When I was a kid, I wanted to be like Robin Hood, except I wouldn’t be caught dead in tights. But I did love the concept of using a bow and arrows to rob from the rich and give to the poor.

Now that I’m an adult with two kids I put through college and married off, I’d rob from the rich and keep the money myself.

To find out how, I went to Smith Point Archery in Patchogue, N.Y.

“We’ve had students ranging from 4 years old to 90,” said owner Jared Schneider. “I’m guessing you are somewhere in between.”

“Physically I’m closer to the higher end,” I responded, “but intellectually I’m in the opposite direction.”

“Perfect,” said Schneider, 32, a former New York state archery champion who began shooting arrows when he was 5.

“When I was 5, I had those little rubber-tipped suction arrows,” I told him.

“The arrows we have here are a little stronger than that,” said Schneider, adding that archery has become very popular, not just because of the Olympics, but because of “The Hunger Games,” the young-adult novel that was turned into a blockbuster movie.

“I haven’t seen the film,” I told Schneider, “but I’ve watched ‘The Adventures of Robin Hood’ about a dozen times.”

“We have Robin Hood-style bows,” said Schneider, referring to the traditional one-piece weapons, as opposed to high-tech compound bows.

Then he had one of his merry men show me how to use one.

Troy Kenny introduced himself by saying, “Never trust a guy with two first names.”

I said, “Never trust a guy who has never tried archery.”

“I bet you’ll be shooting bull’s-eyes in no time,” said Kenny, 41, who has been an archer since he was 12.

“Do you think I can be as good as William Tell and shoot an apple off someone’s head?” I asked.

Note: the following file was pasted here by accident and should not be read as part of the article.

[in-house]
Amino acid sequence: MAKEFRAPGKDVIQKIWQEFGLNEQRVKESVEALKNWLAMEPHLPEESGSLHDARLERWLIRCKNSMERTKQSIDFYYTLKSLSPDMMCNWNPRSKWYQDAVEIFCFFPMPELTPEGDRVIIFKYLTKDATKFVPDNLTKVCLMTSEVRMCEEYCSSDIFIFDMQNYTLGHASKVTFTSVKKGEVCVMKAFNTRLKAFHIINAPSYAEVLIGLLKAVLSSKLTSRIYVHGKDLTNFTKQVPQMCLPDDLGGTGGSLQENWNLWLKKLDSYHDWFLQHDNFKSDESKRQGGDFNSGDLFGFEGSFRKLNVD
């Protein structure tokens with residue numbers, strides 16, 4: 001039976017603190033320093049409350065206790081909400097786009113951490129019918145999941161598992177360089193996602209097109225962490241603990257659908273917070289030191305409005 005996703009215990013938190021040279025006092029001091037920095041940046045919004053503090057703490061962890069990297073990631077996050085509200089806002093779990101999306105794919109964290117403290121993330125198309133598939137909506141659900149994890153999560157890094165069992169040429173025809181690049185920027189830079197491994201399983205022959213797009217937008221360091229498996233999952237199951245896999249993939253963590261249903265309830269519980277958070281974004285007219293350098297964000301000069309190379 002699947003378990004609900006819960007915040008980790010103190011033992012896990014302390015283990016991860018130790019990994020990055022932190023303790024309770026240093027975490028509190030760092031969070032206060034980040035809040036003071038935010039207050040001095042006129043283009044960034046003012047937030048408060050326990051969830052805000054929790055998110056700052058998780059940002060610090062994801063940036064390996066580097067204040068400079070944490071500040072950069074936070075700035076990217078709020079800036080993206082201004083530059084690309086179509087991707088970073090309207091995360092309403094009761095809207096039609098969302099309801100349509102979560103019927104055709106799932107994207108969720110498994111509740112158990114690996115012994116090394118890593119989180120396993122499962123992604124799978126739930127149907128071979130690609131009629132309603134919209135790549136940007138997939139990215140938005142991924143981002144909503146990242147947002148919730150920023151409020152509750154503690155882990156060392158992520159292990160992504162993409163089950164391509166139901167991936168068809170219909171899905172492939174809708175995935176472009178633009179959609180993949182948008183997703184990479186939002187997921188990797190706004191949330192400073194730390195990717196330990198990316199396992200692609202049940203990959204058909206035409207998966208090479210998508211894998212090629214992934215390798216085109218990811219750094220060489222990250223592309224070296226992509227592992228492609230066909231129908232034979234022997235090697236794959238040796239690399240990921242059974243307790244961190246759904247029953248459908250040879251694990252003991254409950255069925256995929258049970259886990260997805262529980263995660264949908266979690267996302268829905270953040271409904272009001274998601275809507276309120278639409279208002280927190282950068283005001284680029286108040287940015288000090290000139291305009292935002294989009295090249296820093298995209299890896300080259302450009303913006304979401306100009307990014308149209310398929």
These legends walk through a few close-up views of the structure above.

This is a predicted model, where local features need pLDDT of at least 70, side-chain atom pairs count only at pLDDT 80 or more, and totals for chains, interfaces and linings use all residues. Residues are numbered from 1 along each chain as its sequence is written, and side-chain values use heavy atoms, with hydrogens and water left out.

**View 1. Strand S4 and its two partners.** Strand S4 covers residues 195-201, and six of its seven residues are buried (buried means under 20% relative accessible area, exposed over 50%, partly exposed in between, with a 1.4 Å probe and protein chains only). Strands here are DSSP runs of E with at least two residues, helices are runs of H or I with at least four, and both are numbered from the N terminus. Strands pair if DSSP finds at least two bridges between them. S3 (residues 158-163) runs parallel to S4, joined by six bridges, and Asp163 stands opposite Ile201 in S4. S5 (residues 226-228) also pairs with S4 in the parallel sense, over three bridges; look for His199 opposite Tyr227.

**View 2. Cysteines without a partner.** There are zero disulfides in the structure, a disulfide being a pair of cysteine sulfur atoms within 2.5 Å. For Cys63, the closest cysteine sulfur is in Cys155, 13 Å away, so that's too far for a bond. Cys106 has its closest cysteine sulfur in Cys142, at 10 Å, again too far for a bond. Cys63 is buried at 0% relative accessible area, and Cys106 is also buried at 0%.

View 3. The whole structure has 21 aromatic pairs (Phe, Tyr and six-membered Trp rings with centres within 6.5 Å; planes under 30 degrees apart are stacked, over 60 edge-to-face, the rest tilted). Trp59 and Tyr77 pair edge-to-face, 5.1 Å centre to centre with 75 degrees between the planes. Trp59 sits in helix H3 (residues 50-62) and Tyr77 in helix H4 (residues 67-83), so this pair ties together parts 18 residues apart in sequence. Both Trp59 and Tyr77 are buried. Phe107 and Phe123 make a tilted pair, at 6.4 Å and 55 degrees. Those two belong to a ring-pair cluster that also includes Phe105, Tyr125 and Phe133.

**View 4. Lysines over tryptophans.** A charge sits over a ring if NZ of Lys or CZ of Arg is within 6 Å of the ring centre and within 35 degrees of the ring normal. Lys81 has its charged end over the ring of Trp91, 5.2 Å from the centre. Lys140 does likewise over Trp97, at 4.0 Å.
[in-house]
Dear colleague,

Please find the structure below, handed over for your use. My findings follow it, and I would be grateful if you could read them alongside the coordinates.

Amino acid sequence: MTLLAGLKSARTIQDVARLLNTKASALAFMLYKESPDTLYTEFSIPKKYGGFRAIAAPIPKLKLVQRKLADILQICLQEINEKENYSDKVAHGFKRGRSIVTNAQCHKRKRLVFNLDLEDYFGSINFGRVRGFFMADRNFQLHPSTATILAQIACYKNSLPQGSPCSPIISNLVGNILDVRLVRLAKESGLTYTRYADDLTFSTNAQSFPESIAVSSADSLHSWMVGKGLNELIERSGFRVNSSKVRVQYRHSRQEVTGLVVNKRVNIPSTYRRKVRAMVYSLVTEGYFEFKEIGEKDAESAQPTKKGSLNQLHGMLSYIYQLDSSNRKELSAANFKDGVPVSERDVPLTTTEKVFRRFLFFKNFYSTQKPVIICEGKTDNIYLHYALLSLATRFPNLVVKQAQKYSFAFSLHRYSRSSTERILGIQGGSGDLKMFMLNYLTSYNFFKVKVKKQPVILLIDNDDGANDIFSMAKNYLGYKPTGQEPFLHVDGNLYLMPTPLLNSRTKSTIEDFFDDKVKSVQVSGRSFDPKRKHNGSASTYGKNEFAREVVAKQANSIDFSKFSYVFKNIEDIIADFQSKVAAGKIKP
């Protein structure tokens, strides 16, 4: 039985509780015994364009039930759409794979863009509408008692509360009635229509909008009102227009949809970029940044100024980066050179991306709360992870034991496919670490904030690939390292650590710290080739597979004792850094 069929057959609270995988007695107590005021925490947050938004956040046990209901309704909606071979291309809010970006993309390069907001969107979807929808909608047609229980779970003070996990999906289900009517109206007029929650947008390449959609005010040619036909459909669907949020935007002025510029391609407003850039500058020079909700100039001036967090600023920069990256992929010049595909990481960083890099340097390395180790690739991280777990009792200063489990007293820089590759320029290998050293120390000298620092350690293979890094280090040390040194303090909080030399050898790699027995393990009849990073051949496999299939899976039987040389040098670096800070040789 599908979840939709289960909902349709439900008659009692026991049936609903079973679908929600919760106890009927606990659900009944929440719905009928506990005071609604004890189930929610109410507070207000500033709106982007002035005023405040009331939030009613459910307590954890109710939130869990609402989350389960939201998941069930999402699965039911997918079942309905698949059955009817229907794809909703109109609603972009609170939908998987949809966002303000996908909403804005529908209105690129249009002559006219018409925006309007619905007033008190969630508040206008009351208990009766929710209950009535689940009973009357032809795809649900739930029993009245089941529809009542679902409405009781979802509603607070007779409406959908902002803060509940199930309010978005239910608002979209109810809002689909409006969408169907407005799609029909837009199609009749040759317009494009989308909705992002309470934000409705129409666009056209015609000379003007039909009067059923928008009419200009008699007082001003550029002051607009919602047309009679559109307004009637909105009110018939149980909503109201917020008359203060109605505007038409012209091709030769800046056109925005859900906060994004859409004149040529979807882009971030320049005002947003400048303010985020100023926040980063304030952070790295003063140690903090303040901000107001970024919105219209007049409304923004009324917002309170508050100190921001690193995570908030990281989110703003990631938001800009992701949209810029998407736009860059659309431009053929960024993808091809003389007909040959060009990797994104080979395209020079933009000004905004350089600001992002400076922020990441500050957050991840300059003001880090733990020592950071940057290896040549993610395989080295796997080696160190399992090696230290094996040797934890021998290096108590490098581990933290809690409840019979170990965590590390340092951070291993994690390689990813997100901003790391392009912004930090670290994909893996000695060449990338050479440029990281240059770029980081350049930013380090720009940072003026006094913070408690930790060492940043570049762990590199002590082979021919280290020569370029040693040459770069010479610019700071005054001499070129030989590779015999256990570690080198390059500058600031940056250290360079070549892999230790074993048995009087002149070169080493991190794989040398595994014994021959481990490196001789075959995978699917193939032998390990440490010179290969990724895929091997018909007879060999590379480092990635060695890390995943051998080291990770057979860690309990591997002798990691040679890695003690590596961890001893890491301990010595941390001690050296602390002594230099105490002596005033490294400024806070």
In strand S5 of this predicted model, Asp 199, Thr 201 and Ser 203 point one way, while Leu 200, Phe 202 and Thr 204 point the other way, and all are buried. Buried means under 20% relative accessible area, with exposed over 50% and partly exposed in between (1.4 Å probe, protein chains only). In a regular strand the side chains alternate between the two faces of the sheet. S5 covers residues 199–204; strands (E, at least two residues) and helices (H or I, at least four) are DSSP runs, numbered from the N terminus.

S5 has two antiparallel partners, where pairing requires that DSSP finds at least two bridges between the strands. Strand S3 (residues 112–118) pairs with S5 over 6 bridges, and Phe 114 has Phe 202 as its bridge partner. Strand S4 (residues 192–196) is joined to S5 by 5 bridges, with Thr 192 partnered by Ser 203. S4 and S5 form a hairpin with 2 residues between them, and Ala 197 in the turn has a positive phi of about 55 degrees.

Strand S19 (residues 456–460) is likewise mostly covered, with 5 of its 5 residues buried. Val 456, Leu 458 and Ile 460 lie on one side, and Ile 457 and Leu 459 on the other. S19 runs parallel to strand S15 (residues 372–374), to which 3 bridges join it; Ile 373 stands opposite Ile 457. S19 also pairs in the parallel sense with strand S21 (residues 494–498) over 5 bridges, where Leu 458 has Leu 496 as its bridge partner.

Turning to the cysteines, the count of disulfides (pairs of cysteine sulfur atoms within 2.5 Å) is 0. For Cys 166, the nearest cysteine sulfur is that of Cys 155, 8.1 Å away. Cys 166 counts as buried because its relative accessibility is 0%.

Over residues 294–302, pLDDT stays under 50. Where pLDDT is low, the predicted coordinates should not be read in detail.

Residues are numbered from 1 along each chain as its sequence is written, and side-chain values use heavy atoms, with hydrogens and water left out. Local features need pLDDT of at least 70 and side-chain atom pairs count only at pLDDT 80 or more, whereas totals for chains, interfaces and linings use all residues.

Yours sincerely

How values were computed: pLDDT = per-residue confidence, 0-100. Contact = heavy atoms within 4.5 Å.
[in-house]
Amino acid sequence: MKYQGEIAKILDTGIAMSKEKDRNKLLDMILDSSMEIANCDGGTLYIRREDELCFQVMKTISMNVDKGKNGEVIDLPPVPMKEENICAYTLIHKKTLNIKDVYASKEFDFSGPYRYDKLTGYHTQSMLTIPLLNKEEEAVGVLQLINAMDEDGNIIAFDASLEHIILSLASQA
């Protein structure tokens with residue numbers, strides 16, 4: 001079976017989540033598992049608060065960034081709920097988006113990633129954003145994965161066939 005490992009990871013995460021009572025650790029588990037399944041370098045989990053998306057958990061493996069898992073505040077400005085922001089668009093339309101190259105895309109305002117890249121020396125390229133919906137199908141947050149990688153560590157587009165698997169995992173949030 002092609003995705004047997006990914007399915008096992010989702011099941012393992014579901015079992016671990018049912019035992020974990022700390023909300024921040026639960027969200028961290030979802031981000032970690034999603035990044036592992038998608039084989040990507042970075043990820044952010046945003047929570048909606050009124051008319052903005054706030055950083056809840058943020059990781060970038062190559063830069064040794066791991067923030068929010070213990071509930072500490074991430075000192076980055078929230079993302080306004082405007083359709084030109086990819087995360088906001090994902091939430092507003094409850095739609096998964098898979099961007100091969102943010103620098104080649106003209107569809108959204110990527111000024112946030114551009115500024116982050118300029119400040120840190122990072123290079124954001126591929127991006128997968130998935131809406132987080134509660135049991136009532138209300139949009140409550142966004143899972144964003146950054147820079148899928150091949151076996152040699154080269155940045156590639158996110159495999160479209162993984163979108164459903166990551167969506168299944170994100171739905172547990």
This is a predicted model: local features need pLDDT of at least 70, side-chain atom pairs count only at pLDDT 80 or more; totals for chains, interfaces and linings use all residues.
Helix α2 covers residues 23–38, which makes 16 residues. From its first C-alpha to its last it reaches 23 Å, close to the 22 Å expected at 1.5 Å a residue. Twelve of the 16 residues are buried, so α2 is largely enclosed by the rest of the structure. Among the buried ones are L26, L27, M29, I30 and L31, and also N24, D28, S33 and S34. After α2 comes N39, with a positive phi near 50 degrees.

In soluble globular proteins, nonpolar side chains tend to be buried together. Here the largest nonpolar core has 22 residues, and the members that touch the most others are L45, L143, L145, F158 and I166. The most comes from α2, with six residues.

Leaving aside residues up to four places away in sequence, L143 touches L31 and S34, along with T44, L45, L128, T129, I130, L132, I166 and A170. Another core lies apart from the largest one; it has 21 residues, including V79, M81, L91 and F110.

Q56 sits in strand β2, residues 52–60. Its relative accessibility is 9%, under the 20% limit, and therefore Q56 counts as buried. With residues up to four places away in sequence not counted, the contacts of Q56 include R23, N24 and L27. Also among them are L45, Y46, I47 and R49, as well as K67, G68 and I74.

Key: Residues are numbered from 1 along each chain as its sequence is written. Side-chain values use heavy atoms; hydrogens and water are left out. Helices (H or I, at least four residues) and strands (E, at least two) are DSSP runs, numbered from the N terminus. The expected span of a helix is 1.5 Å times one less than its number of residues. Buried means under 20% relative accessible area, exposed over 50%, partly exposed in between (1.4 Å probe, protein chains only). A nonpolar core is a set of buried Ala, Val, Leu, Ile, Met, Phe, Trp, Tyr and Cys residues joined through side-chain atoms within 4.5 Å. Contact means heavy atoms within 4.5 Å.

“I’m not going to volunteer,” said Kenny, who presumably didn’t want to look like Steve Martin with a fake arrow through his skull. “But I think you’ll do all right. You can eat the apple when you get home.”

He showed me the recurve bow and field-point arrows I would be using.

“Where do you buy your equipment?” I wondered. “Target?”

“No,” he replied. “But we have plenty of targets here.”

The one I would be shooting at was 10 yards away. More advanced archers shoot at targets positioned at twice that distance.

Kenny handed me the bow and explained that the arrow, with the cock feather facing me, would rest on an anchor point, and that the arrow’s notched end, or nock, would be fitted onto the nocking point of the bowstring.

I stood facing a wall and turned my body 90 degrees toward the target.

“Hold your left arm straight out,” Kenny said, adding that I should put three fingers below the nock and pull back on the bowstring.

“Your form is very good,” he said. “Take aim and slide your fingers off the string.”

I shot an arrow in the air; where it landed was just not fair: I missed the target completely, though I did hit the large board on which it was mounted.

“Don’t worry,” Kenny said. “Try again.”

My next shot hit the outermost ring of the target. The one after that was closer to the center. The one after that was even better.

Then, on my fifth shot: Bull’s-eye!

“Great!” Kenny exclaimed. “Now all you need is a Robin Hood bull’s-eye. That means your next shot has to split the first bull’s-eye arrow.”

My next shot wasn’t even close. Neither were the six other arrows I shot before giving up.

“I’m no Robin Hood,” I admitted.

“That’s OK,” Kenny said consolingly. “At least you don’t have to wear tights.”
Copyright 2012 by Jerry Zezima